Audi RS 5 Cabriolet versus BMW M4 Cabriolet

Hans-Dieter Seufert
Audi RS 5 Cabriolet versus BMW M4 Convertible
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If you are perhaps a bit older and have been reading automotive magazines for a long time, you may find it difficult to believe the following: The first BMW M3 convertible appeared 27 years ago, the then tester Eckhard Eybl drove the new one for a uto motor und sport , a convertible with 200 hp was a sensation back then. “The engine,” he wrote, “spreads torque into the wind.”

The enthusiasm is understandable, at most Porsche and Ferrari had something similar in their program at the time. And at Audi no one thought of sawing off the roof of the 200 hp Quattro and transforming it into a sports convertible. And before you shout at Treser, yes, I know it was a roadster with Quattro technology. Today the Audi RS 5 and BMW M4 have well over 400 hp, and super-powerful, sporty open-top cars are part of the portfolio of each of the major premium providers.

The Audi is the more expensive car

The one Incidentally, M3 of the E30 generation without a roof cost exactly 88,500 marks at the time, making it a little cheaper than an open-top 911. The ratio is still valid today, the BMW M4 and Audi RS 5 each cost less than a current 911 convertible, with clear advantages for the BMW M4: It is available from 78,200 euros, but the test car price is a lot higher: 112,170 euros, of which part (3,900 euros) can be attributed to the dual clutch transmission that comes standard with the Audi RS 5. The BMW M4 is also available with a manual six-box for nostalgic and shift-erotic fans.

The Audi RS 5 costs 89,900 euros ex works, with the extras of the test car at the end of the list, 113,485 euros, which means both then are close together. So it won't be the money, it would be nice if the decision as to whether it should be the BMW M4 or the Audi RS 5 could be made so easily. So let's forget the many horsepower for now, after all, the two are convertibles - and already in this discipline of completely different natures.

Which roof wins?

For this generation, too, BMW relies on the fixed retractable roof; at Audi, it can be the classic and - according to some - finer fabric roof. Very few Audi RS 5 or BMW M4 prospective buyers will be notorious lantern parkers, making one disadvantage of the Audi top obsolete. Other disadvantages? There is hardly any. Yes, the wide C-pillar (calledthe same with convertibles?), which restricts the rear view of the RS 5.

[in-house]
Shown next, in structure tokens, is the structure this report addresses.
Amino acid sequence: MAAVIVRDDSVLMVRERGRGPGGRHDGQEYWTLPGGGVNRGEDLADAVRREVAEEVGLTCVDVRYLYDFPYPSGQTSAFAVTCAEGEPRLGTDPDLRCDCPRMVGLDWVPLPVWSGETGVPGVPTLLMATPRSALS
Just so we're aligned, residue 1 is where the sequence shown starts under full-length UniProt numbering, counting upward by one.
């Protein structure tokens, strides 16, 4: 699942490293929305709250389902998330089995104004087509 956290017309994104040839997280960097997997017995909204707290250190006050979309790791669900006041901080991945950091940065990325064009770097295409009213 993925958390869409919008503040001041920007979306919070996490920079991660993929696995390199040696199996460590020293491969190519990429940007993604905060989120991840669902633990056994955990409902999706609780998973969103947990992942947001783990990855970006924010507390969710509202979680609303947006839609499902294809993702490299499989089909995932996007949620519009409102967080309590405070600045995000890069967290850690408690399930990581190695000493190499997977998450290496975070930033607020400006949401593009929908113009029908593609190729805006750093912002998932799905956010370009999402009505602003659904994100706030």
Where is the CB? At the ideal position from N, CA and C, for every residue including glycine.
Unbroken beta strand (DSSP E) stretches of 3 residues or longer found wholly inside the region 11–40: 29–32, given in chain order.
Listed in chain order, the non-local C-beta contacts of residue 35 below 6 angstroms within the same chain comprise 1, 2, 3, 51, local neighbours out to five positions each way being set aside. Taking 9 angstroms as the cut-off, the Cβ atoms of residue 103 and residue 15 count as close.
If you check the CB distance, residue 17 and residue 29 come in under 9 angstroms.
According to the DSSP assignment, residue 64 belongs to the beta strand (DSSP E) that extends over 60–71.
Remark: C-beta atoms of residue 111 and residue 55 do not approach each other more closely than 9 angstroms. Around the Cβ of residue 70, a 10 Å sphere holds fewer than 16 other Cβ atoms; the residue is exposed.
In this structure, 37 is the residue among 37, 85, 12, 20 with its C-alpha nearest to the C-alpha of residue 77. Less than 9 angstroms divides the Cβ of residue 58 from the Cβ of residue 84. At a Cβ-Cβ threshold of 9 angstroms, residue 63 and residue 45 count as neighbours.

The BMW M4 is clearer with the roof closed, but that would have ticked off the main advantage of the BMW roof construction. Because in order to load the small trunk with the roof open, the entire convertible top sandwich must be raised. And when it is opened, it performs a complex choreography. It's almost a miracle that it emerges undamaged from the depths of the trunk every time. With the Audi RS 5, the procedure is not only a little faster, it even works up to 50 km /h and doesn't look like a transformer robot is about to come out of the trunk.

All of this is not surprising, What is more astonishing, however, is that the Audi soft top is also acoustically more pleasant. It gives itself the whistling sounds that the BMW roof produces at higher speeds, flapping something in the wind, but that's hardly annoying.

So the Audi RS 5 is the better convertible? There is something to it, in the RS 5 the occupants sit like in a small castle, well protected from wind and low temperatures and overall a bit more homely than in the BMW M4. The wind swirls a little more violently in it, the adverse elements do not stay outside so emphatically. You can like that, everyone else is advised to tick the item “Neck warmer, 400 euros” in the order form.

The RS 5 is more comfortable